A life uncorked

Born in 1939, Johnson grew up in London as the son of a barrister — a lawyer who worked at higher levels of court. Johnson was educated at Rugby School, one of the oldest independent schools in Britain, and then King’s College in Cambridge, where he is currently a Fellow Commoner.

Johnson started writing about his “favorite four-letter word—wine,” in 1965 when the wine aficionado couldn’t find a wine text he enjoyed reading. Confronted with the goldilocks conundrum, Johnson found only books that were either too scholarly or too superficial. So he set out to write a wine book that was just right. The result was Wine, which published in 1966. From there, his writing career grew and Johnson became known throughout the globe for making the subject of wine approachable to all with his witty and humorous style.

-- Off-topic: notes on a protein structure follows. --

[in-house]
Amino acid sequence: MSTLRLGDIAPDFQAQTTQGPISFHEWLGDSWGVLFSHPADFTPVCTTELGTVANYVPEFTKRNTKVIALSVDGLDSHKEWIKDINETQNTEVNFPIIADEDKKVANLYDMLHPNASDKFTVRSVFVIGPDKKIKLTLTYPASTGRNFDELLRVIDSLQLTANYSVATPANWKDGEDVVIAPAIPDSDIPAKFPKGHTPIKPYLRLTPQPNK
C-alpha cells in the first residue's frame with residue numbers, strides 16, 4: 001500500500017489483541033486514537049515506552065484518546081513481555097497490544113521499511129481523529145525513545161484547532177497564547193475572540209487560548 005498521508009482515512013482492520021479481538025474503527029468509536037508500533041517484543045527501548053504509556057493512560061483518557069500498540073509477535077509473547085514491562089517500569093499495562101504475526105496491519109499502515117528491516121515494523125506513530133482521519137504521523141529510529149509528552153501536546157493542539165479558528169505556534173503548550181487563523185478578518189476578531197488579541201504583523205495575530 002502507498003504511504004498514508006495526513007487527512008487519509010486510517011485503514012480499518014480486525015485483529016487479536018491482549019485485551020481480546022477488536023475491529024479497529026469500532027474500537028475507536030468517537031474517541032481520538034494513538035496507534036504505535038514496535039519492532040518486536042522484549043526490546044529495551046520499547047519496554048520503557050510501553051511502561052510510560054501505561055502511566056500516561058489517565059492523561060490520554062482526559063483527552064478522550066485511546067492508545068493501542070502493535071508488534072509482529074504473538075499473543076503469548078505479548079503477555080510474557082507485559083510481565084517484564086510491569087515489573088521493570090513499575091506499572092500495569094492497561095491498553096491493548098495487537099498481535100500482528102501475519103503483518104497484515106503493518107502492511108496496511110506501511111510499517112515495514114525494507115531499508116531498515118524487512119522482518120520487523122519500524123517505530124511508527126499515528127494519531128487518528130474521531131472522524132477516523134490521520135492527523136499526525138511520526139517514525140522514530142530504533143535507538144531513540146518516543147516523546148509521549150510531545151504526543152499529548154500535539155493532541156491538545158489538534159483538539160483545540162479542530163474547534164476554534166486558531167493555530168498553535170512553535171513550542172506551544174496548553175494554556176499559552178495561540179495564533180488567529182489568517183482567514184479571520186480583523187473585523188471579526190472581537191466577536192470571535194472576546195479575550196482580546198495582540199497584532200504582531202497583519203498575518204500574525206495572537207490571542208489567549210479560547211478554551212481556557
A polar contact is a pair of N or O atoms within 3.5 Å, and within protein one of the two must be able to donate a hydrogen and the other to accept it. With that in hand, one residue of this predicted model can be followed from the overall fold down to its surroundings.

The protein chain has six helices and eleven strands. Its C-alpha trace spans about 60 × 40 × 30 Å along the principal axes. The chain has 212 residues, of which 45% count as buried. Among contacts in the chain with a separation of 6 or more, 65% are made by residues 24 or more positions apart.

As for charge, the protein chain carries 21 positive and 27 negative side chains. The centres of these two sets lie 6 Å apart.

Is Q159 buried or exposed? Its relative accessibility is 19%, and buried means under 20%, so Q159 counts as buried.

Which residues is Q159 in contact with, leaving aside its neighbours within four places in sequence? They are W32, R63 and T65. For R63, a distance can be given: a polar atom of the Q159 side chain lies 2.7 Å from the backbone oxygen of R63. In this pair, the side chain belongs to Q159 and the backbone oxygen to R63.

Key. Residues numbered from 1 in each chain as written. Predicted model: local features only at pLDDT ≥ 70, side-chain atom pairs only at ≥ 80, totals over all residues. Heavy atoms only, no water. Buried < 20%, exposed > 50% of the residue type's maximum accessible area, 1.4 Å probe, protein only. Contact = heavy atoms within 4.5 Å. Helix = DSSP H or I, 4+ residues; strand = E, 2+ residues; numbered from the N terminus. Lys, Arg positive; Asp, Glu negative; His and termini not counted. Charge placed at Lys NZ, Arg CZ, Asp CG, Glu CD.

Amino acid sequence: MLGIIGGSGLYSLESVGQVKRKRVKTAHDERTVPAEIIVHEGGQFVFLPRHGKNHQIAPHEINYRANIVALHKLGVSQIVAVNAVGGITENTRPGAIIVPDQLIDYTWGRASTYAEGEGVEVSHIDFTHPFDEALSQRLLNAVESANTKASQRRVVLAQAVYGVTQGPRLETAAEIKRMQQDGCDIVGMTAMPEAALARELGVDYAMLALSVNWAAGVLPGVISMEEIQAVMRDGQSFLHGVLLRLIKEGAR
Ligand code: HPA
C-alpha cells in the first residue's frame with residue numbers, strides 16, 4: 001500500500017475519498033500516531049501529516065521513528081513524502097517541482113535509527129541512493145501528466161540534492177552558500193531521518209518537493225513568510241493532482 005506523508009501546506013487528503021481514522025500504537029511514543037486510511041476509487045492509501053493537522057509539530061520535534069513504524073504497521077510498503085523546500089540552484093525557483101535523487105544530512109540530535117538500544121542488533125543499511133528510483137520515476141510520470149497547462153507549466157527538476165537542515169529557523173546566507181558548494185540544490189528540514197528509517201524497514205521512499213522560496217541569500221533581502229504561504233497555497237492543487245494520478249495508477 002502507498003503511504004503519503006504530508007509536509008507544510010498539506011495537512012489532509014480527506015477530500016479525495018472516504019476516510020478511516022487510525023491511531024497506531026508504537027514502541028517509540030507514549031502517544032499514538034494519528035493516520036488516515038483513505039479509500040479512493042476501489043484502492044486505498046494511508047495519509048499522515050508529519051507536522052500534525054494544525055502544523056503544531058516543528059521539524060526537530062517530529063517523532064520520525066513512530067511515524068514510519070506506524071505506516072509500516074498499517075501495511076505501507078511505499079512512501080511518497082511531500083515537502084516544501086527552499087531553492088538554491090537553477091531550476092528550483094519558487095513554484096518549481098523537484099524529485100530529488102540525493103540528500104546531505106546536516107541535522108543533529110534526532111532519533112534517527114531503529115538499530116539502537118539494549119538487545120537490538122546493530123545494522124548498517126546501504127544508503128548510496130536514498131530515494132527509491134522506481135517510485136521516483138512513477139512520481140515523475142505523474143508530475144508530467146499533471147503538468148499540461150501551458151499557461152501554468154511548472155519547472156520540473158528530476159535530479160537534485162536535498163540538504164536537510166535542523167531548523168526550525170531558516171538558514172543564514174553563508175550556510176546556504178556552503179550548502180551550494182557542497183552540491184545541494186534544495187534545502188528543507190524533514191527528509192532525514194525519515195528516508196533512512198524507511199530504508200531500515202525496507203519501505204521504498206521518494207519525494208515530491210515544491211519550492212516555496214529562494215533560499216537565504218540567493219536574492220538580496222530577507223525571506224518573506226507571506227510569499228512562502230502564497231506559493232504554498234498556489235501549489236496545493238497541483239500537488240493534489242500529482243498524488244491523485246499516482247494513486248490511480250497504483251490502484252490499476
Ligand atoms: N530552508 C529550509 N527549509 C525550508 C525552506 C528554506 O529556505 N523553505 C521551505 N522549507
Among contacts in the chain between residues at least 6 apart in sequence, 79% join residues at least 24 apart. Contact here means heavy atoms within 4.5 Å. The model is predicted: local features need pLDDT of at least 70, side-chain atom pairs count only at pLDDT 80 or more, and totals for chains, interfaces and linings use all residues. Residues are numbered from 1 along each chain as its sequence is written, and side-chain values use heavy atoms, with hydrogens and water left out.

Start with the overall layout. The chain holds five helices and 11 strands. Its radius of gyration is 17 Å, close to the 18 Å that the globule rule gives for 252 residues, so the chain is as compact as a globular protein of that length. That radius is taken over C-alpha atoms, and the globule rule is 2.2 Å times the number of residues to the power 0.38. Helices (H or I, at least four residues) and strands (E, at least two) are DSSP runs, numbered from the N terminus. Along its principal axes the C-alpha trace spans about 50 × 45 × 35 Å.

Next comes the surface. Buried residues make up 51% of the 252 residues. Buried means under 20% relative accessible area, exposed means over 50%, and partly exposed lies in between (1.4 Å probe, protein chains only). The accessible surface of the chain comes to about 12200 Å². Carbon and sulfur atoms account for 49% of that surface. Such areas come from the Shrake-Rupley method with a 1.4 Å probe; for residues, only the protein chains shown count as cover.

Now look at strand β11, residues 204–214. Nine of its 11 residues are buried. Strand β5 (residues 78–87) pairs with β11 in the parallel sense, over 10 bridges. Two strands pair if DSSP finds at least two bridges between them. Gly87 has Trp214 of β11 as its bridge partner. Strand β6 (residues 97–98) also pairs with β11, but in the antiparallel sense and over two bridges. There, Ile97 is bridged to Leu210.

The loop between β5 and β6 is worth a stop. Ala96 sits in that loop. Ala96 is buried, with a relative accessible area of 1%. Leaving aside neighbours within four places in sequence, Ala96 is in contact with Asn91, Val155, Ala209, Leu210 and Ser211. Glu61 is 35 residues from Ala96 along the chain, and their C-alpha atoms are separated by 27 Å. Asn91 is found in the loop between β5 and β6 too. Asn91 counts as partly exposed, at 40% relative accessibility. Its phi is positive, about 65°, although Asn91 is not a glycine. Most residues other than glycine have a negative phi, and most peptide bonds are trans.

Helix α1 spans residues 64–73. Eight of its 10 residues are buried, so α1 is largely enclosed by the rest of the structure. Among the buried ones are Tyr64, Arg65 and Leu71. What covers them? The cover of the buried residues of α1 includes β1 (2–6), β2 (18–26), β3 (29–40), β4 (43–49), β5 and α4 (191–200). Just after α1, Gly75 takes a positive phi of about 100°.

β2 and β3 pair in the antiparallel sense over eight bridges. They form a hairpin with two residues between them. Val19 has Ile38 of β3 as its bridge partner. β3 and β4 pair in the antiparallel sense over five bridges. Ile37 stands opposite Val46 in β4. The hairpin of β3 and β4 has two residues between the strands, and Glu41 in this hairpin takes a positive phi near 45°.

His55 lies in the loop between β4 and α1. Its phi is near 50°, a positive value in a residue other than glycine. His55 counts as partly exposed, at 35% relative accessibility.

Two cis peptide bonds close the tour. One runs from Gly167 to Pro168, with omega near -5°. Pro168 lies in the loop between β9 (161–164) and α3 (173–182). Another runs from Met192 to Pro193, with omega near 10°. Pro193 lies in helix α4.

Johnson was a feature writer for Condé Nast magazines. He also wrote articles for VogueHouse & GardenGourmetThe New York TimesDecanterWine TimesThe World of Fine Wine and other publications. Additionally, he wrote for The Sunday Times and eventually became editor for the wine section and then the travel section of the paper.

In addition to his writings on wine, Johnson has a parallel career as a writer on gardening and trees. The archive of this body of work, including The International Book of TreesThe Principles of Gardening and Tradescant’s Diary (his published journal over 40 years), is housed in The Garden Museum near his home in London.